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Integrative taxonomy to investigate species boundaries within Culicoides (Diptera: Ceratopogonidae): a case study using subgenus Avaritia from Australasia and Eastern Asia.

Authors
  • Gopurenko, David1
  • Bellis, Glenn Adam
  • Yanase, Tohru
  • Wardhana, April Hari
  • Thepparat, Arunrat
  • Wang, Jinglin
  • Cai, Ducheng
  • Mitchell, Andrew
  • 1 NSW Department of Primary Industries, Wagga Wagga, New South Wales, Australia.
Type
Published Article
Journal
Veterinaria italiana
Publication Date
2015
Volume
51
Issue
4
Pages
345–378
Identifiers
DOI: 10.12834/VetIt.515.2463.2
PMID: 26741249
Source
Medline
License
Unknown

Abstract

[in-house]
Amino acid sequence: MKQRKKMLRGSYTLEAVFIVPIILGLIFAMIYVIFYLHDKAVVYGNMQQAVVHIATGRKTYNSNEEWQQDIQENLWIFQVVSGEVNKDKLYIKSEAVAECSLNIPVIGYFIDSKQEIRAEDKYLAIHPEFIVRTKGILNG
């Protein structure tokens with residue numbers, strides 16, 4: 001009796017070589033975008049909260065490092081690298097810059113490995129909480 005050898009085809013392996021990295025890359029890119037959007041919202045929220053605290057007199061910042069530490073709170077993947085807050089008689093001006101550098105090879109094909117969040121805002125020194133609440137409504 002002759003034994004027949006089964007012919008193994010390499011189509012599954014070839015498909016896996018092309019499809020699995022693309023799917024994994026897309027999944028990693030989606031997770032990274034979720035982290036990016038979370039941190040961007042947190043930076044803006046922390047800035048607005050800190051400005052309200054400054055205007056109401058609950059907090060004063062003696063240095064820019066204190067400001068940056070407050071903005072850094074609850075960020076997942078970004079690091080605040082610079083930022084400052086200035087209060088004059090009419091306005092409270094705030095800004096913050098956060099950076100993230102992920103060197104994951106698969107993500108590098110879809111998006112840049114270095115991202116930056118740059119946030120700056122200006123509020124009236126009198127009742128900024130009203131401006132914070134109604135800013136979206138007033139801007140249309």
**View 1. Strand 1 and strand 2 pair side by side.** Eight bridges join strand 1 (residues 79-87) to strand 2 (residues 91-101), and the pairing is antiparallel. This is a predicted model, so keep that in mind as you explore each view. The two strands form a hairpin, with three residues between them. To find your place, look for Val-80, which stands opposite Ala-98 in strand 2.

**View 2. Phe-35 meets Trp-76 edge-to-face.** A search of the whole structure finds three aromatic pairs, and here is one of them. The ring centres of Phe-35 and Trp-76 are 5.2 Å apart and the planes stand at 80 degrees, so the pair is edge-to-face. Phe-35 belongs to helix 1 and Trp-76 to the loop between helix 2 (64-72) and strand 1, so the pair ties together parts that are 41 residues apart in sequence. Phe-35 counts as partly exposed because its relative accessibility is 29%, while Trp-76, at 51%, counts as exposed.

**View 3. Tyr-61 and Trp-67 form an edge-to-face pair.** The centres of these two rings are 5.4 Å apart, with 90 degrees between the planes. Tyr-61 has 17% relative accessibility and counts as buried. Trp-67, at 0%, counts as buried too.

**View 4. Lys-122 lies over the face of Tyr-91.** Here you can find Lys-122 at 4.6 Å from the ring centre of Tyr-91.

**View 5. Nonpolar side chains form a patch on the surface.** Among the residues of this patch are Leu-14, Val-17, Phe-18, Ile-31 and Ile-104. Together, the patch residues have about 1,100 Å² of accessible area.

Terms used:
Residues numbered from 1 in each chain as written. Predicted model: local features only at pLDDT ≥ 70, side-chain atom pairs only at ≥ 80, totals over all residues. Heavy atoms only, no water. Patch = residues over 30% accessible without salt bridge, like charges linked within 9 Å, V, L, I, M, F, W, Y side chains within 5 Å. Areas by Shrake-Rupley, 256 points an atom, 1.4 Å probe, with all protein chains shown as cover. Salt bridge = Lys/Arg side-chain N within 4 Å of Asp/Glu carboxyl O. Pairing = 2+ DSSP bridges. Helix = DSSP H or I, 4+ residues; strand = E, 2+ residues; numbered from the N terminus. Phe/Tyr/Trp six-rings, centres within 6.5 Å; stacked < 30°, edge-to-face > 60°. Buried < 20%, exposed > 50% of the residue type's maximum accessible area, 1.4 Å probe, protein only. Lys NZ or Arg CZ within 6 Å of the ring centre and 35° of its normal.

In this study, species boundaries were examined for 15 described and 2 undescribed species within the economically important Culicoides subg. Avaritia Fox from Australasia and Eastern Asia. We used an integrative taxonomic approach incorporating DNA barcoding, nuclear gene sequencing, and retrospective morphological analyses. Some arbovirus vector species such as Culicoides fulvus Sen and Das Gupta and Culicoides wadai Kitaoka were genetically and morphologically uniform across sampled distributions, but others including Culicoides actoni Smith and Culicoides brevipalpis Delfinado contained 2 or more genetically independent populations of 'cryptic species' that in some cases were sympatric. Some of these 'cryptic species' exhibited consistent morphological differences, while differences are yet to be found for others species. Additionally, an undescribed species, C. Avaritia sp. No. 3, was found to be synonymous with C. fulvus. These results refine our understanding of the distribution of individual species of C. subg. Avaritia and demonstrate that species descriptions and distribution records need revision for part of the Culicoides fauna. Furthermore, because vector competence studies for most of these species are based entirely on Australian populations, the competence of the putative cryptic species identified elsewhere will require independent assessment. Finally, integrative taxonomic assessment requires genetic and morphological assessment of material from the type localities in order to clarify the status and distribution of species, especially for clades containing cryptic species. International collaboration is needed to facilitate this research.

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